Andrew Litton – A Tribute to Oscar Peterson (2013)
FLAC (tracks) 24 bit/96kHz | Time – 52:38 minutes | 522 MB | Genre: Jazz
Official Digital Download – Source: eclassical.com | @ BIS Records AB
Recorded: November 2012 at Potton Hall, Suffolk, England
On his 16th birthday, receiving an LP of Oscar Peterson playing solo, Andrew Litton was ‘hooked’, to use his own term: ‘If I’ve ever experienced anything close to an epiphany, this was it!’ Having had opportunities to hear pianists such as Horowitz, Rubinstein, Richter and Gilels in recital, he was struck by Peterson’s playing: ’the amazing colours and voicing, the feathering of the sustain pedal (only Horowitz had such an astonishing pedal technique!), the achingly beautiful original harmonies…’
Collecting all of Peterson’s recordings and seeking out opportunities to hear him live and meet him in person, over the years Litton realized that the admiration he felt was shared by many of the classical musicians that he met during his ‘day job’ as a conductor.
When he started to come across transcriptions of Peterson’s improvisations made by such musician friends, Litton began collecting and learning them himself. He started with one of his personal favourites, Richard Rodgers’ Little Girl Blue, using it as an encore when making appearances as a pianist – he even played it at a memorial service for his late mother. As he kept learning new improvisations, what Litton himself describes as ‘a dream’ took shape – to record his own performances of some of these transcriptions as a tribute to his hero.
Litton’s selection includes twelve classic songs from recordings spanning four decades, from Thelonius Monk’s ‘Round Midnight and Billy Strayhorn’s Take the ‘A’ Train to Thad Jones’ A Child is Born, and his preparations for this very special recording have if anything deepened his admiration for Peterson: ‘He did things daily at the piano while spontaneously improvising that the rest of us spend a lifetime trying to achieve.’
Andrew Litton is best known as a conductor and was recently announced as the director of the Colorado Symphony, a role he also holds with the Bergen Philharmonic. He is conductor laureate of the Bournemouth Symphony, and has a number of extremely fine recordings to his name. I knew of his interest in jazz piano but it was a serendipitous meeting in London that led to the existence of this CD. A musical gathering saw Litton, Stephen Hough and Steven Osborne play for friends. It was Osborne who piqued Litton’s interest with a performance of Osborne’s own arrangement of an Oscar Peterson tune. Osborne’s transcriptions – he took them down from the Peterson recordings – form the basis of this beautifully recorded, artistically successful disc.
To the question, why record Peterson transcriptions – why not listen to the original? – I suppose one could counter-argue; why not? Litton is an articulate soloist, stylistically very much aware of the milieu, plays on a gorgeous-sounding Bцsendorfer Imperial in an excellent acoustic venue – Potton Hall, a familiar and well-liked studio space. Also, he has taken all-solo Peterson recordings so we get a kind of Essence of Oscar feel in this 54-minute recital of largely well-established pieces from the Songbook.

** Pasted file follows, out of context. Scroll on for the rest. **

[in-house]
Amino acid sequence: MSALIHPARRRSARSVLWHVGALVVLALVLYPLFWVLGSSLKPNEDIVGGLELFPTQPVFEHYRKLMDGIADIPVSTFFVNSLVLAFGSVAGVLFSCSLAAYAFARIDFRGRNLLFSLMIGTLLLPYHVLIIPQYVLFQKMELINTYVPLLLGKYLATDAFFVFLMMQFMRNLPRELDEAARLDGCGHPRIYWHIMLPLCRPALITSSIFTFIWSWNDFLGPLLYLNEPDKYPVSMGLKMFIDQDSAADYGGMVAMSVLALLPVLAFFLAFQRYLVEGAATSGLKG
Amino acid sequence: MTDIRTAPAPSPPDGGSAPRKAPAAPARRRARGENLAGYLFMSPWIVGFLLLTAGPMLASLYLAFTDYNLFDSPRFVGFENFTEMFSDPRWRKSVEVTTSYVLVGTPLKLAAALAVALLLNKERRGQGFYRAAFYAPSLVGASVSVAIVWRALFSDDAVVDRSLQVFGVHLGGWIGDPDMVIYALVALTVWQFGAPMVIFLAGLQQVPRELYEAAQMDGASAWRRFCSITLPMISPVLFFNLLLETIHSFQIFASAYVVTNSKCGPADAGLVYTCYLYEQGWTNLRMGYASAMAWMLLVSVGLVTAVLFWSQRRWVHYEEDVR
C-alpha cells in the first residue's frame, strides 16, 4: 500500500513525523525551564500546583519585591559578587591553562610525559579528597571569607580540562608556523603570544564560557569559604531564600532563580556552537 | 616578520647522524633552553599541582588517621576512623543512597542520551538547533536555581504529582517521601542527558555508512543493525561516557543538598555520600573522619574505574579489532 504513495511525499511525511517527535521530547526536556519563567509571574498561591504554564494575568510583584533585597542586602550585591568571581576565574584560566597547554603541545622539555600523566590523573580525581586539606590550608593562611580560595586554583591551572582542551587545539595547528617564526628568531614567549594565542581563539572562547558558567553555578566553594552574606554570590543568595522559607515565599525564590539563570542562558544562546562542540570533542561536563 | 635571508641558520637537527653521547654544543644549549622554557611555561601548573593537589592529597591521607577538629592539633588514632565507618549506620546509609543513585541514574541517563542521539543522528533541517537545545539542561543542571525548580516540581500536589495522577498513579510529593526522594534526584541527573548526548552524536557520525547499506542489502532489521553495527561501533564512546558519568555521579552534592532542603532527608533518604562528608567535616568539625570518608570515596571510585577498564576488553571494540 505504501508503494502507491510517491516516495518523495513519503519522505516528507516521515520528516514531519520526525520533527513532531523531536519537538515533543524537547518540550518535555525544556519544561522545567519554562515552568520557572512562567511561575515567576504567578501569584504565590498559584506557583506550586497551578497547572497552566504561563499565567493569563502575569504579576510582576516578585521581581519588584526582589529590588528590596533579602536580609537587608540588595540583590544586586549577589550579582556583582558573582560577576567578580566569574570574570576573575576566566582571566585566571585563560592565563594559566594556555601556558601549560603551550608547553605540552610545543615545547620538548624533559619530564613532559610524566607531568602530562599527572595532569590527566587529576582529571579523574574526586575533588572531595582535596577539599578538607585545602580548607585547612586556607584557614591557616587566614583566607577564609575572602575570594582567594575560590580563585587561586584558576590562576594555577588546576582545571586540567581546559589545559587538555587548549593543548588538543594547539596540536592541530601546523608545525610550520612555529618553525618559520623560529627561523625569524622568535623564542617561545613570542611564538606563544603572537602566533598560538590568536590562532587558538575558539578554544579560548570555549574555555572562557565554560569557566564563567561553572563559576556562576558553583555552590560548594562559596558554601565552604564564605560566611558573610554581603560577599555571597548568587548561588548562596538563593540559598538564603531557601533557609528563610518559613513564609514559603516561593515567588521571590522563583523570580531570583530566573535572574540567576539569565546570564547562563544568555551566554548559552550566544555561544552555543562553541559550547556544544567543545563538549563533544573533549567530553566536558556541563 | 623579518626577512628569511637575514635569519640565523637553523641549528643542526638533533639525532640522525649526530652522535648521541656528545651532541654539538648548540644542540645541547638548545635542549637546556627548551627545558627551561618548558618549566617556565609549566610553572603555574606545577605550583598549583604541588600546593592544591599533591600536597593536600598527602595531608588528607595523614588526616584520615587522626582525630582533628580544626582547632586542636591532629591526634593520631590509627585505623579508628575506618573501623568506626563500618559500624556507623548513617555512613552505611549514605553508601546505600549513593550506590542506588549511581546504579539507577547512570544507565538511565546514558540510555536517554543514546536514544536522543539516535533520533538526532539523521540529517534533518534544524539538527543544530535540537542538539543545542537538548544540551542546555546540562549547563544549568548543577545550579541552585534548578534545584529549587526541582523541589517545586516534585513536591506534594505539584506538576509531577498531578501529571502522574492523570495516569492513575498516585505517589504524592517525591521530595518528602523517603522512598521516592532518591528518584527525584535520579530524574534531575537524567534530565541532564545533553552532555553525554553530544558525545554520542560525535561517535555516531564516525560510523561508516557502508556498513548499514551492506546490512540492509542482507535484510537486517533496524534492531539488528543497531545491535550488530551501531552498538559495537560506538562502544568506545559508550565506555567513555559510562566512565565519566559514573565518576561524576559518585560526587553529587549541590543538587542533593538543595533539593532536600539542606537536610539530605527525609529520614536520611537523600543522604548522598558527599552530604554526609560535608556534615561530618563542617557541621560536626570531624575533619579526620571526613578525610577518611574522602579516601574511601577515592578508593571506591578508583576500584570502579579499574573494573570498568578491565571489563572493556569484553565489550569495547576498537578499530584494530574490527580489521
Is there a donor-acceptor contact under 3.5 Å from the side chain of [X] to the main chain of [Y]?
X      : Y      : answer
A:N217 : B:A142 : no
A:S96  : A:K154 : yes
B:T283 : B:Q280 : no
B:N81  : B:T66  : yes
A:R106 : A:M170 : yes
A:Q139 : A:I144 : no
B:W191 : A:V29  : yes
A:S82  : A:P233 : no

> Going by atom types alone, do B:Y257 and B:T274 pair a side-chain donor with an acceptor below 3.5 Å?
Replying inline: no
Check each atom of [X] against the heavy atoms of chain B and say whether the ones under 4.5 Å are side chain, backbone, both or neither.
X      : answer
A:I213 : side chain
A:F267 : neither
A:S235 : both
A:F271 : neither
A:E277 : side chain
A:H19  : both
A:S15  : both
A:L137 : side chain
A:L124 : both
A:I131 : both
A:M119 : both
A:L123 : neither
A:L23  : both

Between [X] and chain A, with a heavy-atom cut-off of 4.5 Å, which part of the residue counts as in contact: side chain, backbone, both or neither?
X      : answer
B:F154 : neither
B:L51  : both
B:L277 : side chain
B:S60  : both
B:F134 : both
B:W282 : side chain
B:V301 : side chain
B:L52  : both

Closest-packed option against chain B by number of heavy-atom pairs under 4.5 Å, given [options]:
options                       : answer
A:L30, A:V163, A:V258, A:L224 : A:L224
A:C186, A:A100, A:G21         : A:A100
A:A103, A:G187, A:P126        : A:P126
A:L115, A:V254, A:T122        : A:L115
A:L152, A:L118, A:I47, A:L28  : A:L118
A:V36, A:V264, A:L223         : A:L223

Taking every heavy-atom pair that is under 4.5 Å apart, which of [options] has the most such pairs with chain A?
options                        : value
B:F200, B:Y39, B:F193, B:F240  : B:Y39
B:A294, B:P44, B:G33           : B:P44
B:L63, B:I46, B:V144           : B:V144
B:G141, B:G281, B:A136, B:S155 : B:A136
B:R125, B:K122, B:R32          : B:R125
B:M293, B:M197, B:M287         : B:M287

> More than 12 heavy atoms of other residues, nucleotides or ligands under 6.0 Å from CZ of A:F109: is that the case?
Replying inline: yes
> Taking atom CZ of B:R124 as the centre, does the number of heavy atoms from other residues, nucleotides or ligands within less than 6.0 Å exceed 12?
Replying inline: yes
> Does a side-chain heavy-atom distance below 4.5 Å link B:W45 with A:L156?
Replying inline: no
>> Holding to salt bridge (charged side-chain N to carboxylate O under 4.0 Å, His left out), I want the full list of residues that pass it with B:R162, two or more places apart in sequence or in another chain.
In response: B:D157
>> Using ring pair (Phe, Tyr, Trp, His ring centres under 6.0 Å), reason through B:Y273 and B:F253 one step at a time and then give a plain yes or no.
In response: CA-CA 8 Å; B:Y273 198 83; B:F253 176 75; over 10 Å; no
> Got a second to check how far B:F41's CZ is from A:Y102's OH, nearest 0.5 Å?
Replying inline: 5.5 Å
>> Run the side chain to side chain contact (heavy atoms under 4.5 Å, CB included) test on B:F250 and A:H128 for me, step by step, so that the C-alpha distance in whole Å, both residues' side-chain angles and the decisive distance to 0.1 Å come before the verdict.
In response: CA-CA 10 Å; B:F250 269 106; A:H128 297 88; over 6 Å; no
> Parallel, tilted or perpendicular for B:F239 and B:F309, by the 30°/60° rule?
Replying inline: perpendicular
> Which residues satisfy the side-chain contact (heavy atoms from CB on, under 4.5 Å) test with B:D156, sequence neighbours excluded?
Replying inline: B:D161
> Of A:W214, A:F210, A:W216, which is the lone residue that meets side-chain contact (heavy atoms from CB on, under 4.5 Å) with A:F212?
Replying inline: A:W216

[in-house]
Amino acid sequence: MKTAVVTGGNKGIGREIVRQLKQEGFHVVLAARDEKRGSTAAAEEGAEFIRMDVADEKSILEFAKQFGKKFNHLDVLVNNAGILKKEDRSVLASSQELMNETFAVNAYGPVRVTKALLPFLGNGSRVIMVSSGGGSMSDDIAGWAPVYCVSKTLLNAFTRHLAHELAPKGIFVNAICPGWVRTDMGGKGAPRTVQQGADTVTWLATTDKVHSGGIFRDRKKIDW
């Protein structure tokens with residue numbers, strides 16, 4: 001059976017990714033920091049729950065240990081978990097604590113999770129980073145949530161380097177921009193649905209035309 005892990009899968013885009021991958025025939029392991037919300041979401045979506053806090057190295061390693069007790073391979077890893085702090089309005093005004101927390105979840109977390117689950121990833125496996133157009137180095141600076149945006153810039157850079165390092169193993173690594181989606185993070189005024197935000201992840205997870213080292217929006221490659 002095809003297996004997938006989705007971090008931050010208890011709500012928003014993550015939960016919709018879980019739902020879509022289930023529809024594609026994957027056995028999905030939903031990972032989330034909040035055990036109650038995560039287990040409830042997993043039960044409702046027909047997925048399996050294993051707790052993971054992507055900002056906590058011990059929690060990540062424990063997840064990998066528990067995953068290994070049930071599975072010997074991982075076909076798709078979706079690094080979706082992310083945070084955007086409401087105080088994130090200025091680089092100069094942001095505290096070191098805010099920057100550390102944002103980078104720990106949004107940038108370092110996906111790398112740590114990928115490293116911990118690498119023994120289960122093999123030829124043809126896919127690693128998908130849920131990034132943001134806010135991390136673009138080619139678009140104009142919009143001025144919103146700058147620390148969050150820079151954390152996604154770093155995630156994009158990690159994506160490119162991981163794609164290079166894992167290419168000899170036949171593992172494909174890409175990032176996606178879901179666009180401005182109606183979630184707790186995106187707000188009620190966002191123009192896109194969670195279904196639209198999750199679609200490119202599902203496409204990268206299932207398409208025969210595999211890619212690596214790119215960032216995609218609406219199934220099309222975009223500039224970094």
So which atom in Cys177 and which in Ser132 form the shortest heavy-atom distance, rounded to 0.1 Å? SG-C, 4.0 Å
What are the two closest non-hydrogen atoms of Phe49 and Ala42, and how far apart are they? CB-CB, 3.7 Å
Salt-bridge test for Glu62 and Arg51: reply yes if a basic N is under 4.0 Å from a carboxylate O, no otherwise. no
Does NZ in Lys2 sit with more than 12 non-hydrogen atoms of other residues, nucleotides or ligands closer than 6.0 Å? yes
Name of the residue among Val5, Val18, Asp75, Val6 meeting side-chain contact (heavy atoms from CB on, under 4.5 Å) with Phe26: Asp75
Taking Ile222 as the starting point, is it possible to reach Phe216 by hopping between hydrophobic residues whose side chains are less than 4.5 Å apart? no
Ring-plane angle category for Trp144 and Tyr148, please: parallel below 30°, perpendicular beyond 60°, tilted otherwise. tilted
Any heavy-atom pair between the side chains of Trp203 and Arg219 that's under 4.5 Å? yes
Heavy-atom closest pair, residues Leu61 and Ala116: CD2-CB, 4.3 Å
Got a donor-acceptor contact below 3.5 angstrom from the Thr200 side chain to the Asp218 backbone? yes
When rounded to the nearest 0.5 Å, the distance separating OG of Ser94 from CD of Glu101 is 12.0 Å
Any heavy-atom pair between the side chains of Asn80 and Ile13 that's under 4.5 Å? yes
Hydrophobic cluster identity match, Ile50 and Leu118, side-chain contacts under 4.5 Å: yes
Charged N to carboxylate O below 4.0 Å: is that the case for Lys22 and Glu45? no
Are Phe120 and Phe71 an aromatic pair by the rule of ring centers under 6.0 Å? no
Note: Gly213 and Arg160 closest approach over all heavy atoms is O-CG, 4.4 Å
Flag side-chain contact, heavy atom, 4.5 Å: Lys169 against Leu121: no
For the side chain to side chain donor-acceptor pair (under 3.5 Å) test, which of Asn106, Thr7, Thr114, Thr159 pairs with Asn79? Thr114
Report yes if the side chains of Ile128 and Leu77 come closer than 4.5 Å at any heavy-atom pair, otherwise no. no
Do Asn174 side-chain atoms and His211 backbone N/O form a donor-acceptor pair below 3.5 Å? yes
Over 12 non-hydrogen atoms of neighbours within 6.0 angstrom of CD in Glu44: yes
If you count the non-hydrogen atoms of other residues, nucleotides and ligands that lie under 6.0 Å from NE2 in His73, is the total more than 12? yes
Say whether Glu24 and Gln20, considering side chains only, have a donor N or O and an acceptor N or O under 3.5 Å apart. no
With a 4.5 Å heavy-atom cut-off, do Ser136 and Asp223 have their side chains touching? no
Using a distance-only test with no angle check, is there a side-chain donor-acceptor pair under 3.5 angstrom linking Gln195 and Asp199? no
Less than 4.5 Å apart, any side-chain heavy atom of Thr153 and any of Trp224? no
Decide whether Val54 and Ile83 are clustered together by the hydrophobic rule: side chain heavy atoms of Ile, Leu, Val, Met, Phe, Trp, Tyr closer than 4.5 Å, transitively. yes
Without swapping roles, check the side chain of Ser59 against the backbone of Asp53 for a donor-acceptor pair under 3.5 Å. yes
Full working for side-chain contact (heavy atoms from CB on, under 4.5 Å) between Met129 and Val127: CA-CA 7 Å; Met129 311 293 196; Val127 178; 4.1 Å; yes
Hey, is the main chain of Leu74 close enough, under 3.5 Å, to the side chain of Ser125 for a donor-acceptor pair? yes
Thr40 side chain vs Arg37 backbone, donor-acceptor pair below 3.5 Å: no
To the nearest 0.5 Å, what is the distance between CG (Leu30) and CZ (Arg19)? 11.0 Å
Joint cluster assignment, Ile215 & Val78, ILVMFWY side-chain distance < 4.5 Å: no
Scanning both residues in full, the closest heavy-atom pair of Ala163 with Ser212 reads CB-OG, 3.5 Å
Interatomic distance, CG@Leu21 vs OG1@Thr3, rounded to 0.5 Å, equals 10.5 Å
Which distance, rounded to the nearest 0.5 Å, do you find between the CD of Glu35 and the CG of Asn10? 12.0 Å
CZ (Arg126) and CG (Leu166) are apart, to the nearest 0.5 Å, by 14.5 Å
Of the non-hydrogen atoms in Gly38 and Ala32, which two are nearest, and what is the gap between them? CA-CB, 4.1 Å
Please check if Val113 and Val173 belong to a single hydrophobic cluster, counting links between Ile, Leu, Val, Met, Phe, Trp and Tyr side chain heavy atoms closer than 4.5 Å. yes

Lulu’s Back in Town is an up-tempo swinger whilst in ‘Round Midnight Litton relishes Peterson’s sometimes quite rich harmonies, those powerful runs, and the sheer amplitude of the thing. He replicates Peterson’s compulsive look at the implications of Body and Soul with substituted chords and a wistful sense, too, of the piece’s trajectory. Little Girl Blue is, indeed, as Litton avers suffused in plangent harmonies and also a sense of optimistic upturn – this is a favourite piece of Litton’s and he played it at his mother’s memorial service. Litton is thankfully up for the challenge of breakneck Stride in Take the ‘A’ Train as well as the ultra-sophisticated variations on Spencer Williams’s Basin Street Blues as he goes through the lexicon from Stride to romanticist and beyond. Then there is the slight hint of tristesse in Over the Rainbow to enjoy, the slow rolling Blues of Things Ain’t What They Used To Be and, to finish, Peterson’s electrifying take on Juan Tizol’s Perdido.
Confirmed Petersonians may baulk at Litton being, as they might see it, literalist in his tribute. Others will greatly enjoy his joyful and confident salute, whilst knowing that Oscar’s recordings are always available to listen to, and that Litton is offering a nuanced and personal salute to the great man. –Jonathan Woolf, MusicWeb International
1. Lulu’s Back In Town 02:14
2. ‘Round Midnight 06:31
3. Body and Soul 05:37
4. A Child Is Born 03:09
5. Jumbo: Little Girl Blue 06:27
6. Take the A Train 02:50
7. Basin Street Blues 04:42
8. Rosalie: How Long Has This Been Going On? 06:05
9. The Nearness of You 03:27
10. Over the Rainbow 02:35
11. Things Ain’t What They Used to Be 03:05
12. Perdido 07:19
Andrew Litton, piano